Japan’s antitrust watchdog orders Google to address advertising restrictions

The commission conducted a study and determined that Google’s practices undermined fair competition in the advertising market.

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Japan’s antitrust watchdog has issued a directive to Google, stating that the US tech giant must address its advertising search restrictions that affect Yahoo in Japan. According to the Japan Fair Trade Commission, Google’s practices were found to impede fair competition in the advertising market, particularly in relation to Yahoo Japan Corp., which merged with Line, a Japanese social media platform.

The issue stems from Google’s keyword-targeted search advertising services, which Yahoo Japan utilised after a collaboration initiated in 2010. The Fair Trade Commission claims that Google imposed restrictions in its advertising agreement with Yahoo Japan that hindered competition in targeted search ads for over seven years. Google responded by dropping these restrictions following an investigation by the FTC into potential violations of the Anti-Monopoly Law.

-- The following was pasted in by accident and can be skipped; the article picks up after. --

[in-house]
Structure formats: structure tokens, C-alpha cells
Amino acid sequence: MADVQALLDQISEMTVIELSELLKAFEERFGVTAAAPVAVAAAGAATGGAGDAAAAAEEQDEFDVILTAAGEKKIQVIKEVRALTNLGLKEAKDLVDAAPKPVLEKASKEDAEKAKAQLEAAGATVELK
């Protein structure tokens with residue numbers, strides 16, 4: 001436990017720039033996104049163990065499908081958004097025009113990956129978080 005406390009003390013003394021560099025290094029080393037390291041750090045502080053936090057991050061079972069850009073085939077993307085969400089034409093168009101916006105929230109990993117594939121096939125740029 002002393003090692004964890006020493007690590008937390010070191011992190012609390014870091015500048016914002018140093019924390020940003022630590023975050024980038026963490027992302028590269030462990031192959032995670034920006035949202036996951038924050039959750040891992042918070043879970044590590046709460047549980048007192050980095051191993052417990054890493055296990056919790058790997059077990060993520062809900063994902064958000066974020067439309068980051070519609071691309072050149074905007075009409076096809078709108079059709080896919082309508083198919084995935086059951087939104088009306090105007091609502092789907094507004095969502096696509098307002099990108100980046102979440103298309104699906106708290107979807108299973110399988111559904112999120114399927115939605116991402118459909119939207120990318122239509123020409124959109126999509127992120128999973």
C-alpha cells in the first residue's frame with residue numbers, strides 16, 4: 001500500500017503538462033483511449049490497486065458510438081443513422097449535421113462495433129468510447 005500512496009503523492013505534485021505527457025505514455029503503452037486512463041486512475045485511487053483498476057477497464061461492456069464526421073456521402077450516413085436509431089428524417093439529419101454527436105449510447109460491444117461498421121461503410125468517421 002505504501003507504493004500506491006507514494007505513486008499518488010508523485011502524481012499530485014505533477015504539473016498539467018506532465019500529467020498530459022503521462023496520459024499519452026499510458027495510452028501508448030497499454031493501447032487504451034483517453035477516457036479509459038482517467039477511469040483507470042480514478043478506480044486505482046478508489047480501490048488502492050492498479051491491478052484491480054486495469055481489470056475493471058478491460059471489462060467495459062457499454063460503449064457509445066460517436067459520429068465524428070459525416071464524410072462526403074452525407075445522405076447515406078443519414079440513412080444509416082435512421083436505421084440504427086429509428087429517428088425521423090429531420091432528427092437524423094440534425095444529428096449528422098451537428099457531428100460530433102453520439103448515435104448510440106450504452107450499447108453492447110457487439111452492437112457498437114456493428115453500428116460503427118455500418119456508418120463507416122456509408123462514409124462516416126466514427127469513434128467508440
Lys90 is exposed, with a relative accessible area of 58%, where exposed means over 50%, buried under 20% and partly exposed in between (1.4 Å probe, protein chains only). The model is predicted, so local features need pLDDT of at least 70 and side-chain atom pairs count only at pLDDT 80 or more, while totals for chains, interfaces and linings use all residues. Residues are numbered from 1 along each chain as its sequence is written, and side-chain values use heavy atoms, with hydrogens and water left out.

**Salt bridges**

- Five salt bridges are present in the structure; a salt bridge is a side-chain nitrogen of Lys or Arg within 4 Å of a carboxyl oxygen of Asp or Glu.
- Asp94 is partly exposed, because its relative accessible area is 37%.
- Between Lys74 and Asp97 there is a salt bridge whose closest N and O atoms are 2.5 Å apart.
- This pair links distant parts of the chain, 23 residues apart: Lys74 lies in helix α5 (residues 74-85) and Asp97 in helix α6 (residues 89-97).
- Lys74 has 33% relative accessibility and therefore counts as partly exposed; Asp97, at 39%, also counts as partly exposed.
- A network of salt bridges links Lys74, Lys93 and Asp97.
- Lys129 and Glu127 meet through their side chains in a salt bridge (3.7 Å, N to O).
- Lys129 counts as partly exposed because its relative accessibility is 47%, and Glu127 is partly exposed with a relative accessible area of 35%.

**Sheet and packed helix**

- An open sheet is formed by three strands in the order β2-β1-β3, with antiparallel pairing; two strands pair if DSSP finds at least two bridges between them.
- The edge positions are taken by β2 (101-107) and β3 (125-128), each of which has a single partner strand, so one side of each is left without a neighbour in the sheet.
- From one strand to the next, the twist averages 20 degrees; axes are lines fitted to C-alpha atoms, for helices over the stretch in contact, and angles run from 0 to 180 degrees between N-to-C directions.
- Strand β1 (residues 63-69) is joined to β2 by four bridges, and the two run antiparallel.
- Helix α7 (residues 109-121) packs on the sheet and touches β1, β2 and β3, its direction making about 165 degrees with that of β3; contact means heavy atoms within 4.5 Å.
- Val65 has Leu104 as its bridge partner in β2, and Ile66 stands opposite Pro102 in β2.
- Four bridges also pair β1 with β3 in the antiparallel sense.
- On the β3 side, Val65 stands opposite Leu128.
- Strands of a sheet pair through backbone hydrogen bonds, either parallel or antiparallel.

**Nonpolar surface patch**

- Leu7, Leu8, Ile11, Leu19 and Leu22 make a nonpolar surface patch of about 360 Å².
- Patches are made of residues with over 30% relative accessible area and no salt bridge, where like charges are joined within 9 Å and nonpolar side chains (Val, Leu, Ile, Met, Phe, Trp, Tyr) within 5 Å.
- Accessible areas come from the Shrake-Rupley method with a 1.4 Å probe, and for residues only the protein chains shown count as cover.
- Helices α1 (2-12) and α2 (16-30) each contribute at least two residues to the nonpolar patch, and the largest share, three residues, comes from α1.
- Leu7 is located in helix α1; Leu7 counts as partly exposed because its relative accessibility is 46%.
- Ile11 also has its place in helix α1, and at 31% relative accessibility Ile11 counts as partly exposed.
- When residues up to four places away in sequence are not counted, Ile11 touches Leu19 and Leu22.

In response to the commission’s findings, Google has pledged full cooperation and emphasised that the commission did not find outright violations of anti-monopoly laws. The company committed to implementing the commission’s directives to enhance search functions for Japanese users and advertisers. Meanwhile, Line Yahoo declined to comment on the matter.

Why does it matter?

Google will remain under scrutiny for the next three years to ensure compliance with necessary changes. However, the commission did not impose fines or other penalties on the tech giant, which remains popular in Japan. This action by the commission comes shortly after another legal setback for Google in Japan, where Japanese doctors filed a civil lawsuit against the company for allegedly allowing groundless derogatory and false comments on its platform. In response, Google stated its continuous efforts to combat misleading or false information through human oversight and technological solutions.